By Emma Reardon
My family were taking a walk along the stunning coastline of the Llyn peninsula. We’d set off from Morfa Nefyn to follow the route along the coast and around the rocky headland just beyond Porthdinllaen. Although we had downloaded a map from the National Trust’s website, we had no concerns about getting lost on-route, as there was a steady stream of walkers enjoying the early September sunshine under the 3 magnificent peaks of Yr Eifl.
As we approached the lifeboat station we heard an incredible sound. I have never heard anything quite like it before. I can only describe it as if someone had taught a herd of cows to sing tunefully! The sound was coming from the sea and as we approached the cliff edge, the singers became evident. There was a group of grey seals basking on the rocks, just offshore. Some were semi-submerged in the sea, lazing part in and part out of the water; some were sprawled majestically across the rocks on full display. Their voices were joined together in song and they were a chorus rather than individuals taking their turn to sing and respond.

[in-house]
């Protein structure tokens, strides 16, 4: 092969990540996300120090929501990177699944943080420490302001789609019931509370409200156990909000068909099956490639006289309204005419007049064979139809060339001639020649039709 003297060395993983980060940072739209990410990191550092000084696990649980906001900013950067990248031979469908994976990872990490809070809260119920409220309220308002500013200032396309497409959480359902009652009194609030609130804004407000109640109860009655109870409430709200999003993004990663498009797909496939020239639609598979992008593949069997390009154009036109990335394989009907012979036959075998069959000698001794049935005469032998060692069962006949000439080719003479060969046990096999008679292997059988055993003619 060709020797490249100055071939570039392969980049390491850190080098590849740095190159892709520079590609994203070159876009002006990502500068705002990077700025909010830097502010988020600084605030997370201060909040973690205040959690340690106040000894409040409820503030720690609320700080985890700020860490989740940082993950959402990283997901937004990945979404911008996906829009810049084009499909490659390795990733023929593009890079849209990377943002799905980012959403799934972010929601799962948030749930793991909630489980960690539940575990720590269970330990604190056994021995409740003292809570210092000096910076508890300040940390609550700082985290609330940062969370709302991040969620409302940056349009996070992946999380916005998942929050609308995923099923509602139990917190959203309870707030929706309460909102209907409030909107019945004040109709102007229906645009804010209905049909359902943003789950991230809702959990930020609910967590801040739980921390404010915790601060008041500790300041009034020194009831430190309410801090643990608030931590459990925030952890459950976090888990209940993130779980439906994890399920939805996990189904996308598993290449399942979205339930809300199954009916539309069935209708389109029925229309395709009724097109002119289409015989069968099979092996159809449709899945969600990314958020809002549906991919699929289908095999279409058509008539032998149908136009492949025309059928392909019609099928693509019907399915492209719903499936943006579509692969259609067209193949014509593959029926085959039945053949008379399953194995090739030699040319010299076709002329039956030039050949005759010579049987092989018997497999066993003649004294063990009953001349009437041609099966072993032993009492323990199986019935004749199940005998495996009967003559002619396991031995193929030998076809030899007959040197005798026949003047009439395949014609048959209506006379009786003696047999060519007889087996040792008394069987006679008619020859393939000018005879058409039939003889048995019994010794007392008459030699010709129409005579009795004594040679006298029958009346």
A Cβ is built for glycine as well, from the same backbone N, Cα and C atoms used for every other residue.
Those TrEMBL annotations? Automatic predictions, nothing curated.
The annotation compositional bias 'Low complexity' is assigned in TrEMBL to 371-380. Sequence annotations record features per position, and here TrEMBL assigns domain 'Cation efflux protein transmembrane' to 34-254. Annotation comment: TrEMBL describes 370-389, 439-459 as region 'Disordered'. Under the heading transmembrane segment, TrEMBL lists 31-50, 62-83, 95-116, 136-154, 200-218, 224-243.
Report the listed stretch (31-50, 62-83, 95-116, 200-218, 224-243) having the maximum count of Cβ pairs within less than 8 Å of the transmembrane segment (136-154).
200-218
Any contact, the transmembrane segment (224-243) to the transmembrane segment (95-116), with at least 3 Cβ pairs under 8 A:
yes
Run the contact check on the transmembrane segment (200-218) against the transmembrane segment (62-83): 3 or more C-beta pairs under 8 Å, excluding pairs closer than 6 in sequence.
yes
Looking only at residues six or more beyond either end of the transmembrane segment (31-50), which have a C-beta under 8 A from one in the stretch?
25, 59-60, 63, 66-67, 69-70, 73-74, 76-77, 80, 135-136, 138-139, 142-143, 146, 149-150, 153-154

This was one of those wonderful shared experiences where families; lone ramblers; dog walkers and their furry friends; all stood together watching and listening in awe. I’ve heard tales of sirens singing from the rocks to lure sailors off their course to shipwreck on the rocks, and there was certainly something mystifying and enchanting about this experience. I’ve seen individual seals many times off the west coast and I’ve got close to groups of seals whilst on boat trips around the Welsh islands (interestingly, the collective nouns for seals includes ‘herd’ – maybe they are singing cows after all? And also ‘bob’, ‘pod’ or ‘rookery’ according to Wikipedia) but I’d never heard them singing like mermaids on the rocks until that day in September 2017.